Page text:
Plot: What’s it about?
Cosmos is a thirteen volume series, in which host/narrator Carl Sagan takes us on a tour of the universe. From the ancient past to the potential future, Sagan explores all the aspects of space, but this series isn’t just for science buffs. Sagan uses simple dialogue and speaks in a fashion that anyone can understand, which ensures that all audiences will come away from Cosmos better informed about the universe. It all starts at the possible links to the origin of life, through the formation of stars, the modern search for other life forms, to the potential on where it all could be headed. Each of the thirteen episodes handles a specific topic and runs about an hour, so in total, you’re given thirteen hours of informative programs. Although the episodes do work on their own well enough, they also fit together to form a much larger picture, which I think the best choice to view this series. It will take a while to sift through these seven discs, but in the end, I think that is time well spent and I think anyone at all interested should check out this release.
I was very pleased when I heard Cosmos was being restored and remastered for a new release, but this presentation was even better than I had hoped for. As if the new video transfer and remixed 5.1 surround audio wasn’t enough, this pack also includes some added footage, updates on Sagan and Druyan, and a very cool selection of bonus materials. This set includes all thirteen episodes spread over seven discs, which allows for a high bitrate and flawless compression process. As I mentioned above, this is a science based series, but thanks to Sagan’s approach, it never seems stuffy or dull, usually quite the opposite. The episodes each provide a wealth of information and insight, but also pose some questions, which prods you to think a little yourself on the topics. I know the thirteen hour running time is imposing, but with the terrific episode structure, you can make it through the series at your own pace. I simply can’t recommend this release highly enough, as it is insightful and entertaining at the same time. If you have any interest whatsoever in this subject matter, do yourself a favor and look into Cosmos, you’ll be glad you did.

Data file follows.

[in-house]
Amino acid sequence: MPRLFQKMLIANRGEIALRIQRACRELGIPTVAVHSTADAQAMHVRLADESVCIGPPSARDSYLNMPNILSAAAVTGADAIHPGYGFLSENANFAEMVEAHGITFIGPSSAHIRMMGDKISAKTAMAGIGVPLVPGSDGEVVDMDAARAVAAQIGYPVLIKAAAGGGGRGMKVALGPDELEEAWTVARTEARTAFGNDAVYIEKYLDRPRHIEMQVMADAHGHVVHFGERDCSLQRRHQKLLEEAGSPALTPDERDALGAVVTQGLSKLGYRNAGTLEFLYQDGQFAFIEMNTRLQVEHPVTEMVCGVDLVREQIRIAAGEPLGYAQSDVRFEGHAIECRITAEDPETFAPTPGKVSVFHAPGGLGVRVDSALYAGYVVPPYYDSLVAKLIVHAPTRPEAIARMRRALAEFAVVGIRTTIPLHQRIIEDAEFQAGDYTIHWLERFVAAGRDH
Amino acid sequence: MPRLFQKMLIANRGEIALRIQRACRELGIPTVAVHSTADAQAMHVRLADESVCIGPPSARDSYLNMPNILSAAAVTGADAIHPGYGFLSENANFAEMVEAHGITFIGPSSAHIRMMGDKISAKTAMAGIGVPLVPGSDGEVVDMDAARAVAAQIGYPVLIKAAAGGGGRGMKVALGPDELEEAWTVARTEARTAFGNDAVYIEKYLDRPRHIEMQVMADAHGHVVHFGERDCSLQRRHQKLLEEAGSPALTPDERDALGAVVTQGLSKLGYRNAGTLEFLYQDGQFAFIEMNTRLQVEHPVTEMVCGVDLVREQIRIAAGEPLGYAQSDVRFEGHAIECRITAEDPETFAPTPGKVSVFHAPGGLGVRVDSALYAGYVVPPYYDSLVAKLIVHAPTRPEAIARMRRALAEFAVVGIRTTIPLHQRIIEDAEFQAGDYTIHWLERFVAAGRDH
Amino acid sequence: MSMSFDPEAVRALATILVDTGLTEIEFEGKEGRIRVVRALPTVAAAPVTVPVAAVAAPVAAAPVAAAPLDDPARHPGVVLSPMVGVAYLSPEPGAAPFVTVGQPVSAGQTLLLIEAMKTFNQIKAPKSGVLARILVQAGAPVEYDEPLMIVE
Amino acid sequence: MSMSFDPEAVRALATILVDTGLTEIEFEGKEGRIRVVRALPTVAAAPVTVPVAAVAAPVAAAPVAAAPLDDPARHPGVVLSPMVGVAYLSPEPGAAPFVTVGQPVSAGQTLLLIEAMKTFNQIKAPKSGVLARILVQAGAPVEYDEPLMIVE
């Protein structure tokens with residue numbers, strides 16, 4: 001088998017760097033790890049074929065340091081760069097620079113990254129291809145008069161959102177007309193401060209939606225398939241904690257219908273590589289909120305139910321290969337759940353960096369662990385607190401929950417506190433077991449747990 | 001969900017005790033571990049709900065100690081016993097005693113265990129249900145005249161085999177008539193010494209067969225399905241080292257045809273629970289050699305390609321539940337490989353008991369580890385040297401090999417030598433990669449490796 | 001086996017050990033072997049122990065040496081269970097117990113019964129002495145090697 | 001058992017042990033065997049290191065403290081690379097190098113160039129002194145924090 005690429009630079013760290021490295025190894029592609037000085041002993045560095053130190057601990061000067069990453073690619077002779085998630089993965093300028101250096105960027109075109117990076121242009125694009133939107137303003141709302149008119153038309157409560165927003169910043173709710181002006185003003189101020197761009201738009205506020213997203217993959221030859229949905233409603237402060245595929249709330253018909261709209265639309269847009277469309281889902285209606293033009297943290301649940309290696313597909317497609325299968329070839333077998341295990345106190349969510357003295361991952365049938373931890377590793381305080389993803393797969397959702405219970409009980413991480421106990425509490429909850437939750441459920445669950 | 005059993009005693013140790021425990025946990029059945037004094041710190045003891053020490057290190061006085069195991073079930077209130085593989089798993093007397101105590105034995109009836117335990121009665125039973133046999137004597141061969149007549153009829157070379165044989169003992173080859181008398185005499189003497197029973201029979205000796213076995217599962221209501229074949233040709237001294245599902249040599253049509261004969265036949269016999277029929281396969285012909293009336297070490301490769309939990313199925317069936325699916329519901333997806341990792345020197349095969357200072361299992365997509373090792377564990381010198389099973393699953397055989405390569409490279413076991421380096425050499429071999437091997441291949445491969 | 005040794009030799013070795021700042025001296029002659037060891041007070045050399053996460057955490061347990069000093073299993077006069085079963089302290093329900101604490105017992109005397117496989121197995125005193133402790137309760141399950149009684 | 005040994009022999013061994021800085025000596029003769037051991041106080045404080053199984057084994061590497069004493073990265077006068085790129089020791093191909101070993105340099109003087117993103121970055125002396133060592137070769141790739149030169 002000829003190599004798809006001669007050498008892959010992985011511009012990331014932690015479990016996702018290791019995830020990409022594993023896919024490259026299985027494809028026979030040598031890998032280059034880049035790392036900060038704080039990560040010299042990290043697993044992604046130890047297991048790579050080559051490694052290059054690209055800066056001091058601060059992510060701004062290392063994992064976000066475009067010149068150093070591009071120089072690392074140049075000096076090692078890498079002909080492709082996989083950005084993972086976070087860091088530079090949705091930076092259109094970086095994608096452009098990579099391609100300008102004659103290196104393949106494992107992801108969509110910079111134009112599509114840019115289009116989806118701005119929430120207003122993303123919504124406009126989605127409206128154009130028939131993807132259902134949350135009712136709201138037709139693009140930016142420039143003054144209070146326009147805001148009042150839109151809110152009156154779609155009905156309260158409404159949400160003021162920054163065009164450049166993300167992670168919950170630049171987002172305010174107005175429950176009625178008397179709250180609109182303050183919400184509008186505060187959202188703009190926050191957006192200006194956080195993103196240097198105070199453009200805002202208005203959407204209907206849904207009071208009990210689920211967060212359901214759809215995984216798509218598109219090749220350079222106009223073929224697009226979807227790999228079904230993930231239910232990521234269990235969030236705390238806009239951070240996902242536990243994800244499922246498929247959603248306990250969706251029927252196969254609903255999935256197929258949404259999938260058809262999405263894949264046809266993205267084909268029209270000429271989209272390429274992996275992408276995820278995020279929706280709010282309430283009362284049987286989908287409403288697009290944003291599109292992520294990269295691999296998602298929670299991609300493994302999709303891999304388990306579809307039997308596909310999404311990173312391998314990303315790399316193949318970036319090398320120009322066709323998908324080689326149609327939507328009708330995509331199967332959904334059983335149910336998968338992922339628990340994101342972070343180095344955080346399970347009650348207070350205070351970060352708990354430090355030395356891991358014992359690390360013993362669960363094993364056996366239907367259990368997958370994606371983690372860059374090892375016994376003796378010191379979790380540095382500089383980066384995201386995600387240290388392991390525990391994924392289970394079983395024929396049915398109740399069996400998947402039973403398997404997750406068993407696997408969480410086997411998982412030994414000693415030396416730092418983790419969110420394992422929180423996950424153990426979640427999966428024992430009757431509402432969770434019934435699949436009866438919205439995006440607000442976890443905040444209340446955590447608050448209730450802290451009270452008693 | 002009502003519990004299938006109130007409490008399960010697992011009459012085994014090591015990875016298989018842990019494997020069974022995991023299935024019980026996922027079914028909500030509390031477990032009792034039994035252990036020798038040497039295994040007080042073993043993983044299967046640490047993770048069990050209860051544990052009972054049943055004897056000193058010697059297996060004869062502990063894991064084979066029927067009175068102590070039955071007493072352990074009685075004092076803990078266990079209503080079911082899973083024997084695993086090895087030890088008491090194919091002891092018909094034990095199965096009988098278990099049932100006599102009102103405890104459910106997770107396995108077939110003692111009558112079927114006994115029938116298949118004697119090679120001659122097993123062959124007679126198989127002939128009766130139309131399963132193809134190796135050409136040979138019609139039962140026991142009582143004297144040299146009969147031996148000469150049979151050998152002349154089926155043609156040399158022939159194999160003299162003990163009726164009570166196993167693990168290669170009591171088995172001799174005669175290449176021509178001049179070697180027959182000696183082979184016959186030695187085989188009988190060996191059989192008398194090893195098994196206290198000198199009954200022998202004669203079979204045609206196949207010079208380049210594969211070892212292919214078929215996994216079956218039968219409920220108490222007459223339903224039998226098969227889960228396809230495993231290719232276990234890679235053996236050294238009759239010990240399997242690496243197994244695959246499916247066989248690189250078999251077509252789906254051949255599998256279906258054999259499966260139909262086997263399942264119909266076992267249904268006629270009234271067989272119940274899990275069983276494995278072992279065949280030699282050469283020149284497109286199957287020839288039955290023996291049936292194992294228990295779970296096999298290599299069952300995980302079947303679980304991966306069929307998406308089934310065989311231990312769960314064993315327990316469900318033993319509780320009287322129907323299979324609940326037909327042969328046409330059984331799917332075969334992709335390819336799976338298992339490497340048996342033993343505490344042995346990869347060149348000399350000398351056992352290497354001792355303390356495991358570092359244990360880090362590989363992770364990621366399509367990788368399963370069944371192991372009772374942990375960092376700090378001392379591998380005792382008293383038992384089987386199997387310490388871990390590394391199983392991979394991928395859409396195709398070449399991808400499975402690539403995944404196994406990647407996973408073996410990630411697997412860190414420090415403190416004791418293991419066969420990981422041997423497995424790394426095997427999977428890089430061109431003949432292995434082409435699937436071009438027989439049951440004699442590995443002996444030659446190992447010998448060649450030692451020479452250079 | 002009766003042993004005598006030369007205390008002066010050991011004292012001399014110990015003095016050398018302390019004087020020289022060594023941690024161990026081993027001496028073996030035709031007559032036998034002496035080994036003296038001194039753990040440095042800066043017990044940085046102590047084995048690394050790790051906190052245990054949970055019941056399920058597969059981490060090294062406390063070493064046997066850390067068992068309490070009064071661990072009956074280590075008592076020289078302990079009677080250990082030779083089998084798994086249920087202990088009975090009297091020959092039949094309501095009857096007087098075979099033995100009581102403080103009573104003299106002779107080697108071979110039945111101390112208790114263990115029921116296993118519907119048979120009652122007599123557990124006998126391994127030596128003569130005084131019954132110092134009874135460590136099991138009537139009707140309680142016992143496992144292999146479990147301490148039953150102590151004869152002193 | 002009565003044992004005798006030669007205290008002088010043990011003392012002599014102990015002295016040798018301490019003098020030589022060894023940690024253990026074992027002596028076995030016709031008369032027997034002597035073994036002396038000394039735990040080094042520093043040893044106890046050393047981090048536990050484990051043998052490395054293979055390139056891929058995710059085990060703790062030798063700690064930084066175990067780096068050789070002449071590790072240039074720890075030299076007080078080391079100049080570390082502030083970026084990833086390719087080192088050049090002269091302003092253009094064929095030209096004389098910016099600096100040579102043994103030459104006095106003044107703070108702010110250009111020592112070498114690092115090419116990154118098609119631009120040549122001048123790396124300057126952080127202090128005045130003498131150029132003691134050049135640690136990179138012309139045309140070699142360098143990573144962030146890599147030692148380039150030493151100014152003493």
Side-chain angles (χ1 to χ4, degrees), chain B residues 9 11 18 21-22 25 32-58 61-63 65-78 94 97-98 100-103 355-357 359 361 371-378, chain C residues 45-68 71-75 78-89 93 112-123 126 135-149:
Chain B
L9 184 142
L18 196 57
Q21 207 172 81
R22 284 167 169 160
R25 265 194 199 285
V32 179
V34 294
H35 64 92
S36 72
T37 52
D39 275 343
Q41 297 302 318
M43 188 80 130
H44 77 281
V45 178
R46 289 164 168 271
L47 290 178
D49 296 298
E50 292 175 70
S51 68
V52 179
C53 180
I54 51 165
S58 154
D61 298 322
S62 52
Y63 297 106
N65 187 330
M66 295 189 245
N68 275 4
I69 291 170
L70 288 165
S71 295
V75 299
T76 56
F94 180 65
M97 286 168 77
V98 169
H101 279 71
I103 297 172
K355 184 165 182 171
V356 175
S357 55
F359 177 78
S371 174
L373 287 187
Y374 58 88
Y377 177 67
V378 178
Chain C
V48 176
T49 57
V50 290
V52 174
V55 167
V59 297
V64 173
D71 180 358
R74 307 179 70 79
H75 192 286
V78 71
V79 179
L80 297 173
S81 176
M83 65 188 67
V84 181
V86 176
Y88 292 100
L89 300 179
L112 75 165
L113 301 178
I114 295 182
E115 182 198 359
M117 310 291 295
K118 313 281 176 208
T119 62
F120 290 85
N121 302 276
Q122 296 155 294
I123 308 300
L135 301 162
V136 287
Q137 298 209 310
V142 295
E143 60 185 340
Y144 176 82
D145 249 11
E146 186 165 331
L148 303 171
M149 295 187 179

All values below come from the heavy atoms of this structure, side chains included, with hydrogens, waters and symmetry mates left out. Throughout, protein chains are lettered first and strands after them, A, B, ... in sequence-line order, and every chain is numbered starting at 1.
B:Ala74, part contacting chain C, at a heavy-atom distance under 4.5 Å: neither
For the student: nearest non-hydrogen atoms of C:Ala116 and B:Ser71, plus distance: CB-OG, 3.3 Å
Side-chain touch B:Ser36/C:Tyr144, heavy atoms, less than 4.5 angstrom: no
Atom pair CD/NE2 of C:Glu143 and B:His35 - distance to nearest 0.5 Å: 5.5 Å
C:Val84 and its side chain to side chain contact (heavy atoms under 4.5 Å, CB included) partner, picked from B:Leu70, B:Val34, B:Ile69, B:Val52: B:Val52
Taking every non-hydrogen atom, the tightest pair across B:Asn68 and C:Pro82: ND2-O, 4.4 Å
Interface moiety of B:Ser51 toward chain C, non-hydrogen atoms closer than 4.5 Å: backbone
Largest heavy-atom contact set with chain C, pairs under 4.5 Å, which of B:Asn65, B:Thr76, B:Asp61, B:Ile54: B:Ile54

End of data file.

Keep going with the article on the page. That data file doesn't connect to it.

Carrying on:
Video: How does it look?
Cosmos is shown in the original full frame form and as I mentioned, has been restored and remastered for this release. This is a superb visual treatment, with no real complaints to made and I think fans will be delighted here. Of course, this was a television series and as such, doesn’t look as refined as a feature film, but this still looks very good. The print used looks terrific and shows minimal grain and debris, which allows the intense visuals to shine and that is how it should be. The colors look bright and show no bleeds, while the black levels are stark and well defined. This is the best Cosmos has ever looked and in truth, I can’t imagine how it could be much better than this.
Audio: How does it sound?
This release also sports a brand new Dolby Digital 5.1 audio mix for the series, which is very well used and adds a lot to this presentation. The musical soundtrack (which was also reissued in a deluxe double CD release) is simply breathtaking and includes some excellent classic music, which compliments the material to perfection. The surrounds are used often and to effective ends here, which is good news, since the music is so important to the series. The other elements are also well replicated here, from the cool sound effects to Sagan’s superb narration, which is also vital to the series. You can also enable subtitles in English, Spanish, French, Italian, German, Mandarin, and Japanese.
Supplements: What are the extras?
In addition to all thirteen episodes of Cosmos, this release also contains some nice supplements. The main bonus is an isolated musical score & sound effects track, which is a welcome and terrific inclusion here. You can also see updates on Carl Sagan and Ann Druyan, as well as some new updated footage inserted into the series itself, which is very cool. A special subtitle option also provides new science updates, which is a valuable tool and a fine addition. Some weblinks round out the extras, in case you want even more information on Cosmos. I didn’t expect much in terms of extras here, but this release has some goodies that really enhance the presentation.